a book about the power of worms, and photo competition alert
Reading The Earth Moved I discovered a rich, crowded, underground world, invisible to us who live above ground. This underworld is less accessible than the Marianna Trench - the deepest sea location on earth.
In their underground habitat, earthworms are giants. There are giant earthworms - I've seen them - but in this ecosystem even the smallest worms are giants compared to the other creatures living there - nematodes, bacteria, fungi, protozea, spiders, springtails, mites, ants, millipedes, scorpions, beetles and sowbugs. Sometimes these act as worm food, sometimes they live in the worm's gut. They have a complex relationship that soil biologists call a food web.
Scientists specializing in earthworms are called oligochaetologists. Darwin was the first to recognize the importance of earthworms, and he wrote a book about them. But even today, earthworms are still not appreciated fully, understood well, and not well classified.
Earthworms are incredibly powerful and important. They can exist in huge numbers. There may be a million worms in an acre of garden soil. By ingesting earth, passing it through their bodies and excreting it as rich fertile castings, they change the earth radically. By making the earth spongy and friable they enable it to hold and absorb water better. They enable the number of microorganisms and nutrients in the soil to increase. In short, they act like a plough.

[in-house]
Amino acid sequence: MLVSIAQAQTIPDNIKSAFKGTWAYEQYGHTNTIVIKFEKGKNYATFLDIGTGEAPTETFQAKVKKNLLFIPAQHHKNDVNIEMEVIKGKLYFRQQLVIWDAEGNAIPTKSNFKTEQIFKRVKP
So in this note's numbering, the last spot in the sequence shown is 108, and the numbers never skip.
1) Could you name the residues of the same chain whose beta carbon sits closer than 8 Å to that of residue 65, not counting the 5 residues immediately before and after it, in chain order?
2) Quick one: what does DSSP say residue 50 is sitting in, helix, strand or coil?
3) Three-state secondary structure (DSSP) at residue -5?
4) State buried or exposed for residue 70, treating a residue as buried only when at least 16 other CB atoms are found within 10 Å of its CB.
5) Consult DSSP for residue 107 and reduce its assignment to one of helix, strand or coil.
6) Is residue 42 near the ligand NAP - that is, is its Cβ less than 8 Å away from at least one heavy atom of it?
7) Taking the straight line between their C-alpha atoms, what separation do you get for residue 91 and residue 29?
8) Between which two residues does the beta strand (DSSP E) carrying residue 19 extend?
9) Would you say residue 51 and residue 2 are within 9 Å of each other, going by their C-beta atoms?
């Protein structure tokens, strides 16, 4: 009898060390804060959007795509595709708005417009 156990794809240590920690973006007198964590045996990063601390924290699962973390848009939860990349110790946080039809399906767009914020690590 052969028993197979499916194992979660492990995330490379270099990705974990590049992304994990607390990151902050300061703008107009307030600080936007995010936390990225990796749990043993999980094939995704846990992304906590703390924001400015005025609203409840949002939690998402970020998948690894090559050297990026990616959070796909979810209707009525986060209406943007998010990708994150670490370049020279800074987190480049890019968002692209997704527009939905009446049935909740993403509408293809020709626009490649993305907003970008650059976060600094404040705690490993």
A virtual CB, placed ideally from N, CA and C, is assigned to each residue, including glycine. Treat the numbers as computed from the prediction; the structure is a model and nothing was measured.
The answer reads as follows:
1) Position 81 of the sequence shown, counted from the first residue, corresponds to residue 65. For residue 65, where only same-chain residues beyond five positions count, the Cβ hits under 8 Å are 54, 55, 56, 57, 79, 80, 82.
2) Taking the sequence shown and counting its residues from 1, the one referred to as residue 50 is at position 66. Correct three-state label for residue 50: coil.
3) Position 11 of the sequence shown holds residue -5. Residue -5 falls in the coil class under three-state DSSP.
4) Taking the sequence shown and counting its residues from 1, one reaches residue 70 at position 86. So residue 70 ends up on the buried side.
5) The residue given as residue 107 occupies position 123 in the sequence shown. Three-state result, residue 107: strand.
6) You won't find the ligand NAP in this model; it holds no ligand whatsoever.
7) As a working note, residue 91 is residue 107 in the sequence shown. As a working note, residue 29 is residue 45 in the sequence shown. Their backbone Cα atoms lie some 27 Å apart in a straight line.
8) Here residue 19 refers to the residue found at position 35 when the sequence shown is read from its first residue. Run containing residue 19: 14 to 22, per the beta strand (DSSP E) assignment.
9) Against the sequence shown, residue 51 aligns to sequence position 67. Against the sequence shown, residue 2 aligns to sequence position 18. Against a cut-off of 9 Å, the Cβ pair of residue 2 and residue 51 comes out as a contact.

'Earthworms can be so beneficial, or so destructive. They are literally ecosystem engineers. They are at the very base of the ecosystem. Their actions drive everything else that happens.' (Cindy Hale, ecologist)
Earthworms can ingest pesticides and pollutants and survive. They have been used to monitor pollution in soil, and scientists are currently working on ways that they can clean up pollutants in the soil.
'Earthworms are the custodians of the planet. They were here for millions of years before we came along. They survived the extinction that killed off the dinosaurs. I imagine they'd do just fine if something came along and wiped us out, too ... we should remember one thing: we need worms more than they need us. (Amy Stewart)
If you want to know more, read the book. It's easy to read, fascinating and quirky.
Verdict: Very highly recommended.
The photo competition is run by The Nature Conservancy Australia. Australian citizens or residents are eligible to enter by submitting their favourite photos showing any aspect of Australia's diverse range of habitats. More info at